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Background

Johnson & Johnson’s newly-created subsidiary, LTL Management LLC (“LTL”), filed for bankruptcy in the Western District of North Carolina on October 14, 2021, with the primary goal of resolving thousands of tort claims (and nearly 40,000 pending lawsuits) related to the company’s talcum powder-based products – LTL’s only liabilities.  LTL was formed two days before the filing under a Texas law which allowed Johnson & Johnson subsidiary Johnson & Johnson Consumer Inc. to split into two new entities:  one (LTL) assigned its billions in talc liability and one (“New JJCI”) assigned with its remaining assets.  As part of the transaction, LTL also received certain assets, including approximately $6 million in cash and certain royalty streams, which the debtor projects will generate approximately $50 million in revenue per year over the next five years.  Additionally, Johnson & Johnson and New JJCI committed to:  (a) fund a trust with an aggregate amount of $2 billion to pay for current and future tac-related claims asserted against LTL; and (b) pay all costs and expenses of LTL in the normal course of business (up to the full value of New JJCI).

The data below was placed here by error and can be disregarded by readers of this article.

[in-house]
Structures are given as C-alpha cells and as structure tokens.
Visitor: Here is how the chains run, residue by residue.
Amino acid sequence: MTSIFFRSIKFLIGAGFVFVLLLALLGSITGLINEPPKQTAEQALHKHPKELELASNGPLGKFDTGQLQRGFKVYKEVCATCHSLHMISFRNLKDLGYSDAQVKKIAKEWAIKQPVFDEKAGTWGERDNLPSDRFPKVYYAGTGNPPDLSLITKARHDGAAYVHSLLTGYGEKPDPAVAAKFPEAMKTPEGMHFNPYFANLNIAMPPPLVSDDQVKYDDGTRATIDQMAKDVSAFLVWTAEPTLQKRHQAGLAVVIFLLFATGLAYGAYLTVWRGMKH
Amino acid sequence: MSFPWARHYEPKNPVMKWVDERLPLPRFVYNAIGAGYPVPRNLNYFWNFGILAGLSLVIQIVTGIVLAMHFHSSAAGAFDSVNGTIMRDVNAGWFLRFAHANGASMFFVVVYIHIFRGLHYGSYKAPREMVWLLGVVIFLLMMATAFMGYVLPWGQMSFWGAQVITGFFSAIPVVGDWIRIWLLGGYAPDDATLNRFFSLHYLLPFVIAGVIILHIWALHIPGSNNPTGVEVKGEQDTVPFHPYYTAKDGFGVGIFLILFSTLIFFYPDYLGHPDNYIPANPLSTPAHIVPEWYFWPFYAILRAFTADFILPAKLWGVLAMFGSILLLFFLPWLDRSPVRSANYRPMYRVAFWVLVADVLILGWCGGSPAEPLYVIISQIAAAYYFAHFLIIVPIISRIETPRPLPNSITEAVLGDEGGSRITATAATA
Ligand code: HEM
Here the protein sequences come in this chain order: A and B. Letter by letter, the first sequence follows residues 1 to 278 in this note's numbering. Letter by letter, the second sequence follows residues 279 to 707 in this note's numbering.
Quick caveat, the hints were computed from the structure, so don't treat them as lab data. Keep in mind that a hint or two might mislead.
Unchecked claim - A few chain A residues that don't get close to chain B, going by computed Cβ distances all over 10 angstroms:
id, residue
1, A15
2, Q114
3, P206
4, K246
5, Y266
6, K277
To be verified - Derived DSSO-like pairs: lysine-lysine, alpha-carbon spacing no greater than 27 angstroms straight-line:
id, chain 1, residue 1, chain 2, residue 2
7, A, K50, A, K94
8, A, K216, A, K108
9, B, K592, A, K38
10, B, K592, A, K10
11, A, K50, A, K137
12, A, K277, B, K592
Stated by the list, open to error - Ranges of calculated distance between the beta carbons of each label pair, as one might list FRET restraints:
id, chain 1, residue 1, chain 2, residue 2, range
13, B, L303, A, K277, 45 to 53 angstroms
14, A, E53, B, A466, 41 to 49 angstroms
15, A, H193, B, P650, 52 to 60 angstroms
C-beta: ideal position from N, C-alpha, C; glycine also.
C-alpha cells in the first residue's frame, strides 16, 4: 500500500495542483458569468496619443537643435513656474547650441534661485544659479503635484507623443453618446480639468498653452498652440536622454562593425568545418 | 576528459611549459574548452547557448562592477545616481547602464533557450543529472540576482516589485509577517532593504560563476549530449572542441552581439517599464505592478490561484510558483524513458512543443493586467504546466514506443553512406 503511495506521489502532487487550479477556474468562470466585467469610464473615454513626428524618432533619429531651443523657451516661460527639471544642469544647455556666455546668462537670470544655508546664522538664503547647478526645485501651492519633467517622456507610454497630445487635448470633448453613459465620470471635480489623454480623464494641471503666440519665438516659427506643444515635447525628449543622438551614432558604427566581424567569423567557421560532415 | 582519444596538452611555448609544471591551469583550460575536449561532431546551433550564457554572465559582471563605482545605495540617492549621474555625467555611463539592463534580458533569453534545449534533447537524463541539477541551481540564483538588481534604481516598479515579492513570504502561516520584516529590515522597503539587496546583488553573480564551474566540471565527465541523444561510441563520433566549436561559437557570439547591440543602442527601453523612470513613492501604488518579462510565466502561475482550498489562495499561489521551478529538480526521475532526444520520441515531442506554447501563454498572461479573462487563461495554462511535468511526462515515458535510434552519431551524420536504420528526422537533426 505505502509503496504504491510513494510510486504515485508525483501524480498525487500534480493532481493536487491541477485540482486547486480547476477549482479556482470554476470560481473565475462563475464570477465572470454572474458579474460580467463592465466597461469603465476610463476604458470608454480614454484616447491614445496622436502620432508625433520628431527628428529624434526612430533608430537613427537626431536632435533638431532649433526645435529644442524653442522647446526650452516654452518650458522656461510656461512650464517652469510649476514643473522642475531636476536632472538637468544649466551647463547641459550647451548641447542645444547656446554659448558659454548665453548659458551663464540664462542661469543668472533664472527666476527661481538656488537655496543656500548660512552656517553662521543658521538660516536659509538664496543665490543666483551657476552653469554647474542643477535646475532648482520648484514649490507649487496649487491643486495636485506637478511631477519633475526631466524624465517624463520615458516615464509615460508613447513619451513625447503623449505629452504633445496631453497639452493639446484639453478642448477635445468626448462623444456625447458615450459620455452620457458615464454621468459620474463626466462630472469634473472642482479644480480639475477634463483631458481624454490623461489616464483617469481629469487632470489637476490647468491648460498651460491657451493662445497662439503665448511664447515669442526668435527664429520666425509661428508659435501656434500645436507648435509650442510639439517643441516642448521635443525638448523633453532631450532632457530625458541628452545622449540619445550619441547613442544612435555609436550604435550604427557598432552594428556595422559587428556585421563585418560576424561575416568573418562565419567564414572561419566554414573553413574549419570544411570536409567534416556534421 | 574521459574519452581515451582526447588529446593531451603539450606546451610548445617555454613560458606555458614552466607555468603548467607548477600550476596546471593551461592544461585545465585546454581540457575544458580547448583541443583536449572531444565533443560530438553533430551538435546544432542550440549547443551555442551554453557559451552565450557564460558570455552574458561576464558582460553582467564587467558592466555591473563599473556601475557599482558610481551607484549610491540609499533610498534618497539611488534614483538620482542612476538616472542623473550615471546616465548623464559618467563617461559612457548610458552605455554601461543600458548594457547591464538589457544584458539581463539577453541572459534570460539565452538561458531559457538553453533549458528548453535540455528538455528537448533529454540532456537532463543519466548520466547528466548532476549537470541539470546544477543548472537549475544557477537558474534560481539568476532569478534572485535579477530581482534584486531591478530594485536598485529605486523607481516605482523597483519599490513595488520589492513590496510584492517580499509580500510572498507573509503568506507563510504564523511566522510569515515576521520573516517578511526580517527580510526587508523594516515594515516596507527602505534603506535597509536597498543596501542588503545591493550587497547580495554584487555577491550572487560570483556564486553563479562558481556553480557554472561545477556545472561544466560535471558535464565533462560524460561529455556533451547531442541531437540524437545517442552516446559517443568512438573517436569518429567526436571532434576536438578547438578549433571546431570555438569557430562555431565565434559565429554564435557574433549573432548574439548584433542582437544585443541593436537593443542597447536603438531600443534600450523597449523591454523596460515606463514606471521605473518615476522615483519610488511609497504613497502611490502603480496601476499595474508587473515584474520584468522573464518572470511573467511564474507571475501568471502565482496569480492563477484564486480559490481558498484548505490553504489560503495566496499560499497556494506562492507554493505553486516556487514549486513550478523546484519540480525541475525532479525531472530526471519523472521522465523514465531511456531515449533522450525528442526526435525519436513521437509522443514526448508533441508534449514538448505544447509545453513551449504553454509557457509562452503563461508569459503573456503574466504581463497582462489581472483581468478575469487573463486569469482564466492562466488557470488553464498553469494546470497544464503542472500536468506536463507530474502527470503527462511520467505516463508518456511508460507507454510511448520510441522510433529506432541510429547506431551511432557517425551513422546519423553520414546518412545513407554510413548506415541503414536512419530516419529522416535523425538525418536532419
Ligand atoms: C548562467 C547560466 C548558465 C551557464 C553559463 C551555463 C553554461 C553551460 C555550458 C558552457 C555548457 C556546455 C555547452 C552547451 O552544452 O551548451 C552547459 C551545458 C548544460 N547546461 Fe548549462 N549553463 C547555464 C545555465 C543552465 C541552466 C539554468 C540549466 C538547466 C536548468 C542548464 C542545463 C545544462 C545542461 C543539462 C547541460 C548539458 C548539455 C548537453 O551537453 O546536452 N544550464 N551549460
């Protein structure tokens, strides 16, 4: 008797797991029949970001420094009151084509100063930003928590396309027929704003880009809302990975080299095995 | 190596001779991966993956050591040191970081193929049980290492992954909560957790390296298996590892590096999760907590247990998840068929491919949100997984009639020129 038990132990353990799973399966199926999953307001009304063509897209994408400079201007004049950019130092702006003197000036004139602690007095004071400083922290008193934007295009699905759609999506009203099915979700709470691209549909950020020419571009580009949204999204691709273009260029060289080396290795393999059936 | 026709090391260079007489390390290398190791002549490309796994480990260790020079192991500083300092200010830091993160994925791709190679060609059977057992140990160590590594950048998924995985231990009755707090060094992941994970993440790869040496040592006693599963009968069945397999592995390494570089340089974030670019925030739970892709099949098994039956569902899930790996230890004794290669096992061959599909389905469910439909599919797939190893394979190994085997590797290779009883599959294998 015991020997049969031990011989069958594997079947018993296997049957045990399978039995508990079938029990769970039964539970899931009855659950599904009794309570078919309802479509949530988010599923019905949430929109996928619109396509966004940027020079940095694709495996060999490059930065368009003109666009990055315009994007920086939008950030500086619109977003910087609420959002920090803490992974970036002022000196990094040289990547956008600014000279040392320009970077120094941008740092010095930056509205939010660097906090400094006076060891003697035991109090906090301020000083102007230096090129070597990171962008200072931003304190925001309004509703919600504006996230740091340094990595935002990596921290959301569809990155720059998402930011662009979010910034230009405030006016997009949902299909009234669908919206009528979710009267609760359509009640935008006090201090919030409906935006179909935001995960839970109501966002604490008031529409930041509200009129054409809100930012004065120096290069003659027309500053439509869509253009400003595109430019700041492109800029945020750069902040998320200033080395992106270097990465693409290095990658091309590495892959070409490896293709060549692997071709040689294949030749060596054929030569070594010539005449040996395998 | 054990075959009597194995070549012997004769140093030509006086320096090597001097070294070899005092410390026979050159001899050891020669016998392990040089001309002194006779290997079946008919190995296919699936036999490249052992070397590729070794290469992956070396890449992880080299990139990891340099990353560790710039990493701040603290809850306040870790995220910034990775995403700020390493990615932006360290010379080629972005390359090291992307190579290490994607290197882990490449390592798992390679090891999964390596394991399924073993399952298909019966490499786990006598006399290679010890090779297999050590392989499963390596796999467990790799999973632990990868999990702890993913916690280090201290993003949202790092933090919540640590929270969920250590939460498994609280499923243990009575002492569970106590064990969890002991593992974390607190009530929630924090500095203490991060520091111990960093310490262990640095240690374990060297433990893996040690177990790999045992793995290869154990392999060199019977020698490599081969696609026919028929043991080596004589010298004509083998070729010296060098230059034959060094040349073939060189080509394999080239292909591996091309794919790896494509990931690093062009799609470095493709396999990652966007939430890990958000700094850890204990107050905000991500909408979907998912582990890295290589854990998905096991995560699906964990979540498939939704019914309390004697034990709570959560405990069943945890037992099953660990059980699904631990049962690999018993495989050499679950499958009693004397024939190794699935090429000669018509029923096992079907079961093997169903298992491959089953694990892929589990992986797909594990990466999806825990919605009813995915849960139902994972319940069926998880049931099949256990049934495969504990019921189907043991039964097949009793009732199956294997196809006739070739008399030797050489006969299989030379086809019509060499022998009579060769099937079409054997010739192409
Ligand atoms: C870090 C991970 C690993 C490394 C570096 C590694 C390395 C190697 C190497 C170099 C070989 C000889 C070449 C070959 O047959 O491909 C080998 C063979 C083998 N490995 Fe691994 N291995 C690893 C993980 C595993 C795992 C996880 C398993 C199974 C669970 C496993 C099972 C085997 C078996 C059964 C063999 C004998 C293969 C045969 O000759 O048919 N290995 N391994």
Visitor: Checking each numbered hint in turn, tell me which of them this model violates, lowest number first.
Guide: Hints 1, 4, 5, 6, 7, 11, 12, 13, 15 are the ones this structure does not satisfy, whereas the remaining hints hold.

Continue Reading J&J Talc Bankruptcy Case: Events Leading Up To Potential Dismissal Battle

Bloomberg reports that Puerto Rico’s restructuring plan can move forward, with the passage of a new law that allows the island to sell bonds.  This resolves Puerto Rico’s dispute with the commonwealth’s financial oversight board, which threatened to derail its bankruptcy case. [Bloomberg; Oct. 28, 2021]

Reporting from Reuters indicates that the economy grew at

Reuters interviews Representative Cheri Bustos with respect to a bill she proposed last week, which would prevent executives of bankrupt companies who make more than $250,000 per year from receiving bonuses during or in the six months before a bankruptcy.  [Reuters; October 19, 2021]

CNBC reports on supply chain issues exacerbated by panic ordering from

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The Wall Street Journal discusses how the pandemic altered retail shopping habits, and the anticipated closure by 2025 of half of remaining mall-based retailers. [WSJ; June 25,

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CNN Business covers the bankruptcy filing of Washington Prime Group, an owner of more than 100

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